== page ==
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Dinner with a side of death

The Monroe Township High School Drama club has been working day after day to perfect their annual performance of a “Murder Mystery Dinner Theater.” While the actors have much rehearsing to do, the cafeteria ladies have a contribution just as important on their plate, literally.

This dinner with a show is completely prepared by the cafeteria staff of the high school. Ticket sales are used as an estimation of the amount of pasta needed for the audience. Students that audition, but do not make the cut, are asked to be waiters. The waiter’s duty is to dress formally and serve pasta to the hungry crowd.

What some may find unusual is that the waiters never have an official rehearsal, and start working on opening night, due to the secretive nature of the Murder Mystery. The cast cannot say anything about their scripts, and the waiters are not allowed at practice on the slight chance one student may spoil the surprise.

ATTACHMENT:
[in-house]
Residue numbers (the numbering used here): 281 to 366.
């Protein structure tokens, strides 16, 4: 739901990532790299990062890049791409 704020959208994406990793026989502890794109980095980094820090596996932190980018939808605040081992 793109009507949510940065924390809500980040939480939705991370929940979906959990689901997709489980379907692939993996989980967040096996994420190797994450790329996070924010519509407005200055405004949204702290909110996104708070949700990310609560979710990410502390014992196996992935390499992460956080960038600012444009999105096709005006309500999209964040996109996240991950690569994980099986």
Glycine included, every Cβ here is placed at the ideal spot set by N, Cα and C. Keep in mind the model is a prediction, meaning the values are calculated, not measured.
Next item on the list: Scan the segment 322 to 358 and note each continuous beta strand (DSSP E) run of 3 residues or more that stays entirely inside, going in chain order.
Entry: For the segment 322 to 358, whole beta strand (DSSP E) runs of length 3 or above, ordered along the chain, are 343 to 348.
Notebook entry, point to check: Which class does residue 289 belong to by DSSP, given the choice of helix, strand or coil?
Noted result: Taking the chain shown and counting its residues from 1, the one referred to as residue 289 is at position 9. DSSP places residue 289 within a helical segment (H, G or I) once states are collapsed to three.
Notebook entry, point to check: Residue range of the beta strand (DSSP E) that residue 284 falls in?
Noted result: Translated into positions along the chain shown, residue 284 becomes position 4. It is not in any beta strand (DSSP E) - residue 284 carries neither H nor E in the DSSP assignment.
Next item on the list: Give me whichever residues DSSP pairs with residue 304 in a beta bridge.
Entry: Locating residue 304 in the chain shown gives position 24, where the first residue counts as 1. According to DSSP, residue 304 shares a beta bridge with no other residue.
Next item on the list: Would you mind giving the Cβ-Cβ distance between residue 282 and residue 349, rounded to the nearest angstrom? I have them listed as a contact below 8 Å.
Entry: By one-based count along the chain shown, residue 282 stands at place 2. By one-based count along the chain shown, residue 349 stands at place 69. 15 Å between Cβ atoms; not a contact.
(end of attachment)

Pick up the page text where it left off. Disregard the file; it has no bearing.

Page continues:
Senior Miranda Crowley, member of the Thespian Honor Society, says, “I waitressed last year and it was a lot of fun to be involved with the show, but still get to sit in the audience and watch the mystery unfold.”

As the performance date inches closer, practice has been held every day of the week, starting on January 2. Some rehearsals were even held on Sundays. What these performers were not looking forward to is the infamous “Tech Week.”

Also known as “Hell Week,” these four days are comprised of dress rehearsals where all performers are equipped with microphones and run the show until director Robert Byrnes is comfortable with an audience watching. These preparations are very taxing on the actors because practices run from after school to almost 10:00 p.m.

Any performer has to memorize their lines, but these thespians also have to make sure they can improvise. Cast members must answer questions asked by the audience so those watching can try to solve the mystery presented before them. The actors have no way of knowing what the audience will ask, and must answer quickly and in character to keep the show running. With no break between school and rehearsal, the performers have no time to do any homework, unless they want to stay up until the next day.

Freshman Ava Friedman says, “Balancing rehearsal and all of the homework can be tiring. Regardless, it’s so worth it because it’s a ton of fun, and in the end I know it’s going to be a really awesome show.”

This year’s murder mystery will be held on January 19 and 20 at 6:00 p.m in the school cafeteria.

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